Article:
Since the publication of Theology of Hope in 1964, Moltmann’s discovery journey has been dominated by the theme of eschatological hope, whereby the central theme is the coming Kingdom of God. Apart from the production of his famous trilogy, Theology of Hope (1964), The Crucified God (1972) and The Church in the Power of the Spirit (1975) that turned his theological journey, in 1978, he was one of the facilitators at the Mexico City conference engaging liberation theologians, black theologians and feminist theologians. His participation and contribution enhanced his universal theology. Meeks (1996:103) pointed out that Moltmann’s primary theological interest is the revised content of theology in its biblical roots ‘and in its innovation, given the challenges of the present’ rather than the methodical questions or processes. His theological discovery journey is also marked by ‘a restless imagination’.

Moltmann’s theological analysis is through exploration. His theological method is never in the form of apologetical defence of patristic dogmas or ecclesiastical confessions. His manner of thinking is inventive and innovative. Moreover, he emphasises dialogical engagement and processes because dogma is ontologically dialogical. That is because Moltmann thinks that truth is to be found in ‘unhindered dialogue rather than in theological systems and assertive dogmatics’ (Moltmann 1981:xiii). Thus, for him theology is a ‘common task, and theologians belong also to the communio sanctorum, in which justified sinners and accepted skeptics are gathered’ (Meeks 1996:103). Furthermore, Moltmann believes that Christian theology emerges and experienced within the ecumenical fellowship, which transcends the present denominational, cultural and political formations. He demonstrates this conviction by dialogical involvement with Catholics, Orthodox Christians, Pentecostals, liberation theologians (ecotheologians, feminists, black theologians and African theologians) and Jews. Moltmann is therefore ‘an innovator in theology’. For him, ‘theology is imagination for the Kingdom of God in the world and for the world in the Kingdom of God’.1 The Kingdom of God is intertwined with the passion experienced in a community setting with Jesus at the centre.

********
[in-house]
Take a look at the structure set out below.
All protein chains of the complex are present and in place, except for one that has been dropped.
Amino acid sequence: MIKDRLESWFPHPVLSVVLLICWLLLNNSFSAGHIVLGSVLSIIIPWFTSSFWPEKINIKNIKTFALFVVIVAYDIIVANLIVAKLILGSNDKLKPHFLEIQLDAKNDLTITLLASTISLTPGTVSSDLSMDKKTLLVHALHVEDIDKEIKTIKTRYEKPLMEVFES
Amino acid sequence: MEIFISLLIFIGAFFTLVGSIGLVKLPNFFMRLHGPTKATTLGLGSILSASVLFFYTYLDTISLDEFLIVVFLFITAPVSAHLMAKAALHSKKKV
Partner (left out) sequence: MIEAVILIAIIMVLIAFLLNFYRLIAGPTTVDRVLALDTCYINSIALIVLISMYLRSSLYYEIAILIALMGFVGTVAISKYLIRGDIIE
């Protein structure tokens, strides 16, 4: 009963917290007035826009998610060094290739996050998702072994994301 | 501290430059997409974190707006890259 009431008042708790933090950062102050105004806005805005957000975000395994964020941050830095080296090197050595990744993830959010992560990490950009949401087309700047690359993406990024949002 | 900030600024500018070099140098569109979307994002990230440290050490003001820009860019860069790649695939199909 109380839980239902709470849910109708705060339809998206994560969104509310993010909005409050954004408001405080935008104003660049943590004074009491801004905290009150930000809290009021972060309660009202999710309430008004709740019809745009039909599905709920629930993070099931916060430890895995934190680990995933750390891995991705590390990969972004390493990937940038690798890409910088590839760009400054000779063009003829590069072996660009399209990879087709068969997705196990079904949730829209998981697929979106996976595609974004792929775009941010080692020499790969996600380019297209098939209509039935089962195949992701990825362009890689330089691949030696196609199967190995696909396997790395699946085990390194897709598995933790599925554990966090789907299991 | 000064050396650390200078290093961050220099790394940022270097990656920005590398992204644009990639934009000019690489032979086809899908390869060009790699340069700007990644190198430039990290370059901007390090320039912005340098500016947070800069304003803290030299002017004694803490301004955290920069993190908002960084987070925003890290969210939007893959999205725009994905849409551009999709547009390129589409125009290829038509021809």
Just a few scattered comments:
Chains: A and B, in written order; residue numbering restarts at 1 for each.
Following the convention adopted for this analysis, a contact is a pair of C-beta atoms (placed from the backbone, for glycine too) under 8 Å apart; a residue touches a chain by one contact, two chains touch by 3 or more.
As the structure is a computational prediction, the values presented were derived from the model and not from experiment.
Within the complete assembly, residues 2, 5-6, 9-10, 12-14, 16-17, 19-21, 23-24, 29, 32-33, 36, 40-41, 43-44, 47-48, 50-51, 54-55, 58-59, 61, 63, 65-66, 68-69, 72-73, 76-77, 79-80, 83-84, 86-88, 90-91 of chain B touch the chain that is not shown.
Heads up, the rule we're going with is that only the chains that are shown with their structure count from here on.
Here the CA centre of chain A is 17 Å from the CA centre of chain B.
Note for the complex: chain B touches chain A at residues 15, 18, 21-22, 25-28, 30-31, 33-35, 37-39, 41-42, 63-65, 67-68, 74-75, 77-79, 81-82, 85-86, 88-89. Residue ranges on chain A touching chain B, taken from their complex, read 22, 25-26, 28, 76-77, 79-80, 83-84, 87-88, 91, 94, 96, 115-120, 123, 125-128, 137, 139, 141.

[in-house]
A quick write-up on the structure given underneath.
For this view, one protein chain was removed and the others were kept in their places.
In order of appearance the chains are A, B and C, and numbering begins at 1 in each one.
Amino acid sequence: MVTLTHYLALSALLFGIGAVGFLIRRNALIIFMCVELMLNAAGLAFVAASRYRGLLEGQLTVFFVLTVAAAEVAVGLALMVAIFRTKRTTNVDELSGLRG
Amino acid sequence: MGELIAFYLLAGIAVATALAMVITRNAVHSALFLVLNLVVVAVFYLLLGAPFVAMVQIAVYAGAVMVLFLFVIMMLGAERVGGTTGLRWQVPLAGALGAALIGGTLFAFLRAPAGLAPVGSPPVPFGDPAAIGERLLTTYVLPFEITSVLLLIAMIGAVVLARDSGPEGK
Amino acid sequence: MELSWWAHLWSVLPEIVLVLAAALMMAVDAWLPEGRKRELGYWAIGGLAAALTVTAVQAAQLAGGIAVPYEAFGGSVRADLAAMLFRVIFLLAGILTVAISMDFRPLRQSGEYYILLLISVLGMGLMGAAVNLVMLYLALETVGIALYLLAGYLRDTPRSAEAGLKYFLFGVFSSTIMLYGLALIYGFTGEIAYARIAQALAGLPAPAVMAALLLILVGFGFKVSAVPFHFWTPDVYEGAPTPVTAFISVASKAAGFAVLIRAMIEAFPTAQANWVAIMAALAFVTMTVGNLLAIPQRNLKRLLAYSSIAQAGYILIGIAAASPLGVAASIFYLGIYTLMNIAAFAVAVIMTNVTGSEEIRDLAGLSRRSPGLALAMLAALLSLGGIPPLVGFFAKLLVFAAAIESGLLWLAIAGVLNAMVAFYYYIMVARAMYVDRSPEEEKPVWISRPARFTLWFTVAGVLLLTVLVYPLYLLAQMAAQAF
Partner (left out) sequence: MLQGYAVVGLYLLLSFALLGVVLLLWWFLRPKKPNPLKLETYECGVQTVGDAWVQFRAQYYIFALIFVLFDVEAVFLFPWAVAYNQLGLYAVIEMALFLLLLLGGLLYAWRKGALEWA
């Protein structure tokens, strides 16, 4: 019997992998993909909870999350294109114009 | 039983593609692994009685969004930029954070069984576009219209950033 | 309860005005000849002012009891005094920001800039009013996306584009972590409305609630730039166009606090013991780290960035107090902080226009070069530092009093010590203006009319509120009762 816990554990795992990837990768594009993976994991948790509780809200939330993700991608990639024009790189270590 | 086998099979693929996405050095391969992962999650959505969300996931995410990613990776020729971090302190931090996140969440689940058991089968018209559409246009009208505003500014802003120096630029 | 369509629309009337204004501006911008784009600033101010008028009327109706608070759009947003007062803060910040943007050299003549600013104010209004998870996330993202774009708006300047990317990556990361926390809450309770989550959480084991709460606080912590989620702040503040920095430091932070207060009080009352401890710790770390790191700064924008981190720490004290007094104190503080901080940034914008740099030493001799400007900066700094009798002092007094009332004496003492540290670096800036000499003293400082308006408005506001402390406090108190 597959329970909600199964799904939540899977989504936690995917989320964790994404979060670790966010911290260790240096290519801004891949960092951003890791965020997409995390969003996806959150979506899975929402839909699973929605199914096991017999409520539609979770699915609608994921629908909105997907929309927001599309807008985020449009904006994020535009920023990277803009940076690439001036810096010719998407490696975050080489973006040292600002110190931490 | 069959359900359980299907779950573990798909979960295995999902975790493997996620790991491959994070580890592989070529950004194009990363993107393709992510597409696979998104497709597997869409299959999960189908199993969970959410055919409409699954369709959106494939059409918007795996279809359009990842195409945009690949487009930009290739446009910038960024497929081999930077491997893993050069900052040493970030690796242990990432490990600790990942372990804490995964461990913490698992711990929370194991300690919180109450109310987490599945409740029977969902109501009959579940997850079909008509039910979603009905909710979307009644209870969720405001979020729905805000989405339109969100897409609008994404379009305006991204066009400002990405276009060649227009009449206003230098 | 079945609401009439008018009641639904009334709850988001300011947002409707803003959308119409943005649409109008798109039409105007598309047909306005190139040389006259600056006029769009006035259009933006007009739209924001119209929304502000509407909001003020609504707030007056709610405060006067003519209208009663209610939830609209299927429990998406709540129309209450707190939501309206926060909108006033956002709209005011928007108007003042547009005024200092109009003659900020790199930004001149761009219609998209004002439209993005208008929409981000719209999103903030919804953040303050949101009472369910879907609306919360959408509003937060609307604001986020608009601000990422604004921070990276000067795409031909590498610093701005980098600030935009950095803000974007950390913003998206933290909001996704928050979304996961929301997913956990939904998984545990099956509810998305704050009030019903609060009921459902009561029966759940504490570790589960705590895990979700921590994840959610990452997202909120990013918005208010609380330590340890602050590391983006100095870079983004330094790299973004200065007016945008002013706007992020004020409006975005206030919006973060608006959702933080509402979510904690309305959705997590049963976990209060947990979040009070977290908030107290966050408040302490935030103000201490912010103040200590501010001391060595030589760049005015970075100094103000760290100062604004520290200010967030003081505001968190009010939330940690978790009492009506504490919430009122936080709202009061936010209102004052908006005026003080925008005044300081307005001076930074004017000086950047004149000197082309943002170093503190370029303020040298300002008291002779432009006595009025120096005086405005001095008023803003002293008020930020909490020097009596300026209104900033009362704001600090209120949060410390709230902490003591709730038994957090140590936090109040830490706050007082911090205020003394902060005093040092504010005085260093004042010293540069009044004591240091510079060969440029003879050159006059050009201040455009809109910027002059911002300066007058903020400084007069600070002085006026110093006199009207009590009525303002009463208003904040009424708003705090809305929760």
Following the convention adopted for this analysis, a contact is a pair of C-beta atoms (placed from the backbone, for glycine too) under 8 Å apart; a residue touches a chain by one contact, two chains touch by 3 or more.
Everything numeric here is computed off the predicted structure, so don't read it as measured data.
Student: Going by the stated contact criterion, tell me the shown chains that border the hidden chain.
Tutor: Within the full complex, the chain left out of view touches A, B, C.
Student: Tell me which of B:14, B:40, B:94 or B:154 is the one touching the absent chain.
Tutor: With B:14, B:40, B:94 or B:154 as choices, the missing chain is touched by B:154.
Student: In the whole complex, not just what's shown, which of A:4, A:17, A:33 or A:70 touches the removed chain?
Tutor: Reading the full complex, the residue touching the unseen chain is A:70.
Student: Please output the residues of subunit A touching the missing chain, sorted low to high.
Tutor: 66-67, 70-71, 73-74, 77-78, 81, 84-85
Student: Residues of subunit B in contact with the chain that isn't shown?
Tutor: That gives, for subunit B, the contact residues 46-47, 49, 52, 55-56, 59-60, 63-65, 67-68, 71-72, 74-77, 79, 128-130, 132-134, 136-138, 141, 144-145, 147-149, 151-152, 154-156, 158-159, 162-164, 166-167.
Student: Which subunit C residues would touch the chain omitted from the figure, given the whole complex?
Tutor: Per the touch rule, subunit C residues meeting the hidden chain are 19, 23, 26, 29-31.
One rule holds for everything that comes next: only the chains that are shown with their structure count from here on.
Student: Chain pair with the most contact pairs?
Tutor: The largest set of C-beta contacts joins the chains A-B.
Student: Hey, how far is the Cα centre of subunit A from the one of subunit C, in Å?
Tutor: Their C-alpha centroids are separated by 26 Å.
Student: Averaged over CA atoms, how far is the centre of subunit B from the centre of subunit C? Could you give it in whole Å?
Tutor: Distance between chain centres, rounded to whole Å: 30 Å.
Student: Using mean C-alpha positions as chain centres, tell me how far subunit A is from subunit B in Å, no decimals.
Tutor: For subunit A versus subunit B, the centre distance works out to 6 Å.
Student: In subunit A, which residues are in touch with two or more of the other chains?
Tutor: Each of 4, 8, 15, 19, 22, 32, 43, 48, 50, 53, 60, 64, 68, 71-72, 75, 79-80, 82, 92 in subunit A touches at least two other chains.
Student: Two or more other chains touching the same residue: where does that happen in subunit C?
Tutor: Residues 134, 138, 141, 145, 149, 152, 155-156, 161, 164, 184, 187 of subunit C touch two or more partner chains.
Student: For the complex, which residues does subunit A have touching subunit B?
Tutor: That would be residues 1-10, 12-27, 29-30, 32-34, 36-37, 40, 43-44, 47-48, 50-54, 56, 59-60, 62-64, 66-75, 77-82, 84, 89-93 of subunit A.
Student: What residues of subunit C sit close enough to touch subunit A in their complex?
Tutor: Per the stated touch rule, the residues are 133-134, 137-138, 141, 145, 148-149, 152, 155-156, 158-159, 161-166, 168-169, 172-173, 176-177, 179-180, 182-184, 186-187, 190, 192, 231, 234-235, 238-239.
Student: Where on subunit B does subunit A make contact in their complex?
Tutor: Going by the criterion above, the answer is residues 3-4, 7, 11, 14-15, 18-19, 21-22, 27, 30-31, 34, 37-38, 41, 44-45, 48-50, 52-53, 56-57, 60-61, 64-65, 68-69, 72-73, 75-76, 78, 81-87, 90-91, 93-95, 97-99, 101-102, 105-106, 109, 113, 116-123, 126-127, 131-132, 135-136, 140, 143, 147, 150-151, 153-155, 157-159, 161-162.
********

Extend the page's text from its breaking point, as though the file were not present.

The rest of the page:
Moltmann’s ecumenical approach accommodates liberation theologians